23 DFA minimization Steps: Remove unreachable states first Detect equivalent states Tablefiling algorithm (checklist): First, mark X for accept vs. nonaccepting Pass 1: Then mark X where you can distinguish by just using one symbol transition Also mark = whenever states are equivalent. Pass 2: Distinguish using already distinguished states (one symbol) Pass 3: Repeat for 2 symbols (on the state pairs left undistinguished) Terminate when all entries have been filled Finally modify the state diagram by keeping one representative state for every equivalent class 23
24 Other properties Are 2 DFAs equivalent? Application of table filling algo 24
25 CFL Topics CFGs PDAs CFLs & pumping lemma CFG simplification & normal forms CFL properties 25
26 CFGs G=(V,T,P,S) Derivation, recursive inference, parse trees Their equivalence Leftmost & rightmost derivation Their equivalence Generate from parse tree Regular languages vs. CFLs Rightlinear grammars 26
27 CFGs Designing CFGs Techniques that can help: Making your own start symbol for combining grammars Eg., S => S 1 S 2 (or) S => S 1 S 2 Matching symbols: (e.g., S => a S a ) Replicating structures side by side: (e.g., S => a S b S ) Use variables for specific purposes (e.g., specific subcases) To go to an acceptance from a variable ==> end the recursive substitution by making it generate terminals directly A => w Conversely, to not go to acceptance from a variable, have productions that lead to other variables Proof of correctness Use induction on the string length 27
28 CFGs Ambiguity of CFGs One string <==> more than one parse tree Finding one example is sufficient Converting ambiguous CFGs to nonambiguous CFGs Not always possible If possible, uses ambiguity resolving techniques (e.g., precedence) Ambiguity of CFL It is not possible to build even a single unambiguous CFG 28
29 There can be only 1 stack top symbol There can be many symbols for the replacement PDAs PDA ==> NFA + a stack P = ( Q,,, δ,q 0,Z 0,F ) δ(q,a,x) = {(p,y), } ID : (q, aw, XB )  (p,w,ab) State diagram way to show the design of PDAs Current state Next input symbol Current Stack top Stack Top Replacement (w/ string Y) q i a, X / Y q j Next state 29
30 Designing PDAs Techniques that can help: Two types of PDAs Acceptance by empty stack If no more input and stack becomes empty Acceptance by final state If no more input and end in final state Convert one form to another Assign state for specific purposes Pushing & popping stack symbols for matching Convert CFG to PDA Introducing new stack symbols may help Take advantage of nondeterminism 30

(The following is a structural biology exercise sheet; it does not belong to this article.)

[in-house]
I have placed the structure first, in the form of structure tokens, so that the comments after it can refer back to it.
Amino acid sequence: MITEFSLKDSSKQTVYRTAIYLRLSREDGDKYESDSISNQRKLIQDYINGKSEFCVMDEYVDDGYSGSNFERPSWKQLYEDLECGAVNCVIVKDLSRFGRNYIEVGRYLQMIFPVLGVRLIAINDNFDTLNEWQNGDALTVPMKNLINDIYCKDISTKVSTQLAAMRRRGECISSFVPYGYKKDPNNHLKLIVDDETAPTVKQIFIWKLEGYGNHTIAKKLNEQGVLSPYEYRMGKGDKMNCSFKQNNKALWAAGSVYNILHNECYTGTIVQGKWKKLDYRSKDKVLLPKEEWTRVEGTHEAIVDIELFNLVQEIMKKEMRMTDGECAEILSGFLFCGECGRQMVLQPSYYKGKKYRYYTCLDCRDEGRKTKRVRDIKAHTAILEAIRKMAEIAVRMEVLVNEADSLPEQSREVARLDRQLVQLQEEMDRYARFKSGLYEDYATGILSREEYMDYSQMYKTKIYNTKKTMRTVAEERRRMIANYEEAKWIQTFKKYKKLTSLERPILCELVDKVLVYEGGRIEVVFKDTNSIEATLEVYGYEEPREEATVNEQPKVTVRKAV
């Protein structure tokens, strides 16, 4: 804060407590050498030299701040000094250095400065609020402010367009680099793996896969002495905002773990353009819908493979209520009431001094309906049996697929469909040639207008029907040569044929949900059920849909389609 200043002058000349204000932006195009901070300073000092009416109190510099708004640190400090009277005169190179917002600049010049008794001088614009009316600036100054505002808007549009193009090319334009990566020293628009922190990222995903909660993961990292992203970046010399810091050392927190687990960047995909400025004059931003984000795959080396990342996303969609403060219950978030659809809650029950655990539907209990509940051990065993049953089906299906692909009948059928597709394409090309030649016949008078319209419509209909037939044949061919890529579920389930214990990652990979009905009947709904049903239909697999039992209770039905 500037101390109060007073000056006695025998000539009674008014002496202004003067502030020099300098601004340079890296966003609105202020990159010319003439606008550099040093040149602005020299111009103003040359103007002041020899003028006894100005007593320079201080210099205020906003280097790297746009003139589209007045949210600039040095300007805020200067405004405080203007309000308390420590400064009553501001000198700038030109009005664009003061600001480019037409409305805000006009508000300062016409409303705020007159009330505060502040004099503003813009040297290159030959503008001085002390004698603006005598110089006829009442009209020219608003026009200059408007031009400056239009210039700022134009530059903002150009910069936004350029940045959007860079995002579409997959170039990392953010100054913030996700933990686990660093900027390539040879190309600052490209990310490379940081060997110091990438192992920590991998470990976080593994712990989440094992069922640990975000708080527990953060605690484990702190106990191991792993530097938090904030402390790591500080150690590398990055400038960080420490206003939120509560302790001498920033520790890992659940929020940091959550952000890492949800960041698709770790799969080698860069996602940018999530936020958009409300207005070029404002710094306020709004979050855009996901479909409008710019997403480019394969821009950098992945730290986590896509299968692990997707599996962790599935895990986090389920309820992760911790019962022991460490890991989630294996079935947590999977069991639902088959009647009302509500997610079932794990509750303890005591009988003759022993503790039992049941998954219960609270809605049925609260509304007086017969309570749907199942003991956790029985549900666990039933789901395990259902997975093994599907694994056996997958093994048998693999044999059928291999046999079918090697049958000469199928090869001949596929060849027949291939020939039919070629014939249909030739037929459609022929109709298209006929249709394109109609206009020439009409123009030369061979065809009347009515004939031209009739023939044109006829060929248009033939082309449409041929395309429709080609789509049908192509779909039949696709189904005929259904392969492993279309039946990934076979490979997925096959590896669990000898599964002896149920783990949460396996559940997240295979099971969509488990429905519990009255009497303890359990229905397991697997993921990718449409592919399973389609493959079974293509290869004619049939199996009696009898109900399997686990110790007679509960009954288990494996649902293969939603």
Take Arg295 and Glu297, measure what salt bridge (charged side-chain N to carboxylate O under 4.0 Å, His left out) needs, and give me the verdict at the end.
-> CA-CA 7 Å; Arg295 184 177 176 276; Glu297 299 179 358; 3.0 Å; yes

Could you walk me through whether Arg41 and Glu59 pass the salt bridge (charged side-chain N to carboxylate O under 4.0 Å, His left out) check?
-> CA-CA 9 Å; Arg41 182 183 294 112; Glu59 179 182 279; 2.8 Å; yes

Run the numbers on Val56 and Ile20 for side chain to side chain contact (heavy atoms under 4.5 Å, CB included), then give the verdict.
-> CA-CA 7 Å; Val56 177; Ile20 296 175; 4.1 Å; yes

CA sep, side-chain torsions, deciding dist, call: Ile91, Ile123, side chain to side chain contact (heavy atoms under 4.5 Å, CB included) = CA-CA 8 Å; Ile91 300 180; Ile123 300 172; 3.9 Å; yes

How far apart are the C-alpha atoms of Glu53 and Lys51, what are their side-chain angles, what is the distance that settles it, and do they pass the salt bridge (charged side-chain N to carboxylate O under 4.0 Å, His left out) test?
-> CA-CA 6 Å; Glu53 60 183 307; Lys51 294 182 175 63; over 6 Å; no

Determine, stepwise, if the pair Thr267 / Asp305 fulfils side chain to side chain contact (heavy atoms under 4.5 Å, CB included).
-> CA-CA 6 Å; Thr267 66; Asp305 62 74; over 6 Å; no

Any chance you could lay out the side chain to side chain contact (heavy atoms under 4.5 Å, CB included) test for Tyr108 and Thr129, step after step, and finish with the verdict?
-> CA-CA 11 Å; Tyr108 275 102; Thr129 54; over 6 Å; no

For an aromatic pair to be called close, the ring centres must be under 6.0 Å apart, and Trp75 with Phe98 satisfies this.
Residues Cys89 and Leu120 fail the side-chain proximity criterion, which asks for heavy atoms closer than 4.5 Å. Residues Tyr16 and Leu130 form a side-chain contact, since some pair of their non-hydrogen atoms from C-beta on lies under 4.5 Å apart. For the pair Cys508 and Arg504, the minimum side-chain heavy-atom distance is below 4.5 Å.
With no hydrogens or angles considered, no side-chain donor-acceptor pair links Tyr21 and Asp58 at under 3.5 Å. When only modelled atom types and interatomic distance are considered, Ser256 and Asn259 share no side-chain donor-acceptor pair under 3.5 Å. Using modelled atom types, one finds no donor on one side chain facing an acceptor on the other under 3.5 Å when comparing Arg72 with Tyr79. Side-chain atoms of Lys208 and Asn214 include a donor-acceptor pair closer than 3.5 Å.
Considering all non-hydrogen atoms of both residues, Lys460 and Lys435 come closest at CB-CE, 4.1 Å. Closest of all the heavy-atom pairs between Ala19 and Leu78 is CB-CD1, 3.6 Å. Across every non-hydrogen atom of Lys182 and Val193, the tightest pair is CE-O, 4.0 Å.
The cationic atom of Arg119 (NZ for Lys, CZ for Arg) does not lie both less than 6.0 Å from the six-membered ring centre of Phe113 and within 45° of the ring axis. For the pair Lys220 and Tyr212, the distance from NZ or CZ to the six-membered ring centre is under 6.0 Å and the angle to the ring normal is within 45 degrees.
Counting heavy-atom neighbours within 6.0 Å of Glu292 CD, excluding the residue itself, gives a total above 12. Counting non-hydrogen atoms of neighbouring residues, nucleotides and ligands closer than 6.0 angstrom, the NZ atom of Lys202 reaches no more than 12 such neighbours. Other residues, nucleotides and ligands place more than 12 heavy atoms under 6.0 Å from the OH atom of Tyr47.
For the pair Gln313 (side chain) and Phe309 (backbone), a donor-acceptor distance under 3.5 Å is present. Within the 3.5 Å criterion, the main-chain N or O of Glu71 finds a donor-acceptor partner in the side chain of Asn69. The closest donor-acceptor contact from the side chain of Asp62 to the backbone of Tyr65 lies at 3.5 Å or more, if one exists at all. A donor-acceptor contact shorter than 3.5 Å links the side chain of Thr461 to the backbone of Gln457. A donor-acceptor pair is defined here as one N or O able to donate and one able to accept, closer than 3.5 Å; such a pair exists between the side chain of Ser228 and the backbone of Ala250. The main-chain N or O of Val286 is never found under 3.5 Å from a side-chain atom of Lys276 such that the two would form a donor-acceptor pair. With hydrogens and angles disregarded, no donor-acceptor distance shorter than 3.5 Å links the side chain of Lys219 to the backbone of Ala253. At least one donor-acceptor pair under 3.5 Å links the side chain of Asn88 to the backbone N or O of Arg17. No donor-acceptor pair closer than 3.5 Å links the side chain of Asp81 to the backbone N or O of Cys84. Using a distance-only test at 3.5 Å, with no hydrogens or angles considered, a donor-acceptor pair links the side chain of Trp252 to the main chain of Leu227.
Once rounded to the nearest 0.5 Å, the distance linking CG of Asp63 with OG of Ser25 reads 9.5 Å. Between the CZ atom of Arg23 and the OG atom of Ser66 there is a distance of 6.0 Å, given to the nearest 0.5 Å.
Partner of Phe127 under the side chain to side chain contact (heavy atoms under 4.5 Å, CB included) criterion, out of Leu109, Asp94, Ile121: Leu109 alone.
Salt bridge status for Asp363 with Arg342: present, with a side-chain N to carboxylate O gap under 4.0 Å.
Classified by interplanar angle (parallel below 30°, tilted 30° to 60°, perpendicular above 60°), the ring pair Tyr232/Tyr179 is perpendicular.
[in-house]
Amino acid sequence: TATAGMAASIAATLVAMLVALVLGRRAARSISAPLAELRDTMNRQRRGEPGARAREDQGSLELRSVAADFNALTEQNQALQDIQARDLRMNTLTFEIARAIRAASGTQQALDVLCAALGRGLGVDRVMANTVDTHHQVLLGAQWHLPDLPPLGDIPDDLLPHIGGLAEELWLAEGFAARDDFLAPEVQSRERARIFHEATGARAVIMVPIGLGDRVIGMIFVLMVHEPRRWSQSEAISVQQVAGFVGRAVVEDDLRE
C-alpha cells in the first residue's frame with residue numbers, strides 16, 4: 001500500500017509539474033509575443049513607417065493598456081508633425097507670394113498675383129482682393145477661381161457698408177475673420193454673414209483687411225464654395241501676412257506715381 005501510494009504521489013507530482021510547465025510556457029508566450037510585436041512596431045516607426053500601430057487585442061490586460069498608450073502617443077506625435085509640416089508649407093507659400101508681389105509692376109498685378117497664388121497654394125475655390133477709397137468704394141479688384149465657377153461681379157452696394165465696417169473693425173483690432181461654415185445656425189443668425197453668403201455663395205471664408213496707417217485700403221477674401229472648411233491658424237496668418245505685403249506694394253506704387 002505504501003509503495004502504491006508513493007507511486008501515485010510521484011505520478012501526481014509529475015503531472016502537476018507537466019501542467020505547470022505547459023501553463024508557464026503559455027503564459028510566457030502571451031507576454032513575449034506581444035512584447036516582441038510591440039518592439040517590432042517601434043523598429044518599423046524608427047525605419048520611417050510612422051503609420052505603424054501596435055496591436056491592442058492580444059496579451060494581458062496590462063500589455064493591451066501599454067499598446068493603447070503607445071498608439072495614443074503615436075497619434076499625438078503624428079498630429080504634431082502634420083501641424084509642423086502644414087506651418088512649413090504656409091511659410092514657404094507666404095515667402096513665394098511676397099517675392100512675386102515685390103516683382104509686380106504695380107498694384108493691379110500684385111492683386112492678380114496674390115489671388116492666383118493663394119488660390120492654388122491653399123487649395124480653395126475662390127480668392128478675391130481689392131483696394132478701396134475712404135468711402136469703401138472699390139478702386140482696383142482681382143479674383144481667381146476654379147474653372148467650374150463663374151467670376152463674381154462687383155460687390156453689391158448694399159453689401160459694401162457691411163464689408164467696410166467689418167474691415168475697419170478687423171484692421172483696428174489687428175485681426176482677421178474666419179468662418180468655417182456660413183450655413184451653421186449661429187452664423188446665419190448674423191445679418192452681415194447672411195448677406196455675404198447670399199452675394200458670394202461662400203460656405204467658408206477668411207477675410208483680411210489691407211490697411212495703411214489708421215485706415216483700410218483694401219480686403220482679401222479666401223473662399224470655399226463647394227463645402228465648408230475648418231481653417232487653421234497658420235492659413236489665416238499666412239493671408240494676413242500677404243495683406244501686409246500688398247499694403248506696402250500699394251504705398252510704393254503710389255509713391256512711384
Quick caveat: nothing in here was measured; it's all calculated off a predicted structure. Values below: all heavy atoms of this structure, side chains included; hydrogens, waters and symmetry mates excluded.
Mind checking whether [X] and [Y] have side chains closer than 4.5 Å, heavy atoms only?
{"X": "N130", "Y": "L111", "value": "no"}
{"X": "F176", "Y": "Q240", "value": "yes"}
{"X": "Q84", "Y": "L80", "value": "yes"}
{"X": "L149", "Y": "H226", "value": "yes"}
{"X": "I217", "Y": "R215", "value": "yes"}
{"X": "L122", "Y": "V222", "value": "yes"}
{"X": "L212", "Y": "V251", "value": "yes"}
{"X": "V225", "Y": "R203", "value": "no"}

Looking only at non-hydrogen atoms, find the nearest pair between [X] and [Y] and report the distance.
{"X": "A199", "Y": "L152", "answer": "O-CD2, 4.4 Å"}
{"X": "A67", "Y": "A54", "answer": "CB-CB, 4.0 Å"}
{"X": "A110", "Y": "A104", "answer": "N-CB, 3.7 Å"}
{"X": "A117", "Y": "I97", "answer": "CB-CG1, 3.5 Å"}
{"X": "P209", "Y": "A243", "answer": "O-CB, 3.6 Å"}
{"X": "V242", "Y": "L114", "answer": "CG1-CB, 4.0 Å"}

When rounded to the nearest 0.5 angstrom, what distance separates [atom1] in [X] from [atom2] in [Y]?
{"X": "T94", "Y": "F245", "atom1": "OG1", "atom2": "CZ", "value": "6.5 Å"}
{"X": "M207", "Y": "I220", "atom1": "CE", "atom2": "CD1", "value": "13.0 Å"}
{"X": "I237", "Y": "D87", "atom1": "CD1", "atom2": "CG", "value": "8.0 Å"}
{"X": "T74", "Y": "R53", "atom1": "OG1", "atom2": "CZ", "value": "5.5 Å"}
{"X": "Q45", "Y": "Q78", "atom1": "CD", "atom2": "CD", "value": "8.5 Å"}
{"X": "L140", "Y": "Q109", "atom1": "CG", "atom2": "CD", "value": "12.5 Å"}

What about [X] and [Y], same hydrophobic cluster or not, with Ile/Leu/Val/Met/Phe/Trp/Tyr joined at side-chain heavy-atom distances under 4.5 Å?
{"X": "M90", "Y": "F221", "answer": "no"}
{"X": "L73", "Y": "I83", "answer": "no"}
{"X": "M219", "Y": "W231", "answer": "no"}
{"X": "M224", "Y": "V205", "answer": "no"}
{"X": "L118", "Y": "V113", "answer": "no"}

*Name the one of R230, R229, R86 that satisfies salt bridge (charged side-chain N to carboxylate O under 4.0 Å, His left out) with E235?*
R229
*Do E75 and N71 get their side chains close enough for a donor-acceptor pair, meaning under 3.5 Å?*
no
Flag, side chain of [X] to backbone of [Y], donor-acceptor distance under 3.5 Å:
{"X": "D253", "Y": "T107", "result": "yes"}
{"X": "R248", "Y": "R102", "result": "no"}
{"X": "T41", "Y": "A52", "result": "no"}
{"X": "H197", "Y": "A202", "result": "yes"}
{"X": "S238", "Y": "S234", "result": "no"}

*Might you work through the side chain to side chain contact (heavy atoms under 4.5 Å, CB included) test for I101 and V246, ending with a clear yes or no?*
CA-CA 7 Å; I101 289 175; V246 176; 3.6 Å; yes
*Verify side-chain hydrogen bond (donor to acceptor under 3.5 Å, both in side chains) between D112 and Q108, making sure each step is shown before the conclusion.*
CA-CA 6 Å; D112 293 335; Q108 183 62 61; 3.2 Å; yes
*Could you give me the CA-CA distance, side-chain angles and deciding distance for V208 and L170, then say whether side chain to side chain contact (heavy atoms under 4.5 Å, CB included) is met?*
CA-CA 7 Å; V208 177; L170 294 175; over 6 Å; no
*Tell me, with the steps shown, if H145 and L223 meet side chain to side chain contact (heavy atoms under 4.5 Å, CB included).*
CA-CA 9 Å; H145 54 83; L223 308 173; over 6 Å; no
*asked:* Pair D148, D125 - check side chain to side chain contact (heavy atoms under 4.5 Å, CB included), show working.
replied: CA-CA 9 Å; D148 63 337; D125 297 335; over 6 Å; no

31 CFG Simplification 1. Eliminate productions: A => ==> substitute for A (with & without) Find nullable symbols first and substitute next 2. Eliminate unit productions: A=> B ==> substitute for B directly in A Find unit pairs and then go production by production 3. Eliminate useless symbols Retain only reachable and generating symbols Order is important : steps (1) => (2) => (3) 31
32 Chomsky Normal Form All productions of the form: A => BC or A=> a Grammar does not contain: Useless symbols, unit and productions Converting CFG (without S=>* ) into CNF Introduce new variables that collectively represent a sequence of other variables & terminals New variables for each terminal CNF ==> Parse tree size If the length of the longest path in the parse tree is n, then w 2 n1. 32
33 Pumping Lemma for CFLs Then there exists a constant N, s.t., if z is any string in L s.t. z N, then we can write z=uvwxy, subject to the following conditions: 1. vwx N 2. vx 3. For all k 0, uv k wx k y is in L 33
34 Using Pumping Lemmas for CFLs Steps: 1. Let N be the P/L constant 2. Pick a word z in the language s.t. z N (choice critical  an arbitrary choice may not work) 3. z=uvwxy 4. First, argue that because of conditions (1) & (2), the portions covered by vwx on the main string z will have to satisfy some properties 5. Next, argue that by pumping up or down you will get a new string from z that is not in L 34
35 Closure Properties for CFL CFLs are closed under: Union Concatenation Kleene closure operator Substitution Homomorphism, inverse homomorphism CFLs are not closed under: Intersection Difference Complementation 35
36 Closure Properties Watch out for customdefined operators Eg.. Prefix(L), or L x M Customdefined symbols Other than the standard 0,1,a,b,c.. E.g, #, c,.. 36
37 The Basic Turing Machine (TM) M = (Q,,,, q 0,B,F) Finite control Infinite tape with tape symbols Tape head B B B X 1 X 2 X 3 X i X n B B B: end tape symbol (special) Input & output tape symbols 37
38 Turing Machines & Variations Basic TM TM w/ storage Multitrack TM Multitape TM Nondeterministic TM 38
39 Unless otherwise stated, it is OK to give TM design in the pseudocode format TM design Use any variant feature that may simplify your design Storage  to remember last important symbol seen A new track  to mark (without disturbing the input) A new tape  to have flexibility in independent head motion in different directions Acceptance only by final state No need to show dead states Use transitions if needed Invent your own tape symbols as needed 39
40 Recursive, RE, nonre Recursive Language TMs that always halt Recursively Enumerable TMs that always halt only on acceptance NonRE No TMs exist that are guaranteed to halt even on accept Need to know the conceptual differences among the above language classes Expect objective and/or true/false questions 40
41 Recursive Closure Properties Closed under: Complementation, union, intersection, concatenation (discussed in class) Kleene Closure, Homomorphism (not discussed in class but think of extending) 41
42 Tips to show closure properties on Recursive & RE languages Build a new machine that wraps around the TM for the input language(s) For Recursive languages: The old TM is always going to halt (w/ accept or reject) => So will the new TM For Recursively Enumerable languages: The old TM is guaranteed to halt only on acceptance => So will the new TM You need to define the input and output transformations (f i and f o ) w w New TM f i w New TM w f i TM TM accept reject accept f o f o accept reject accept 42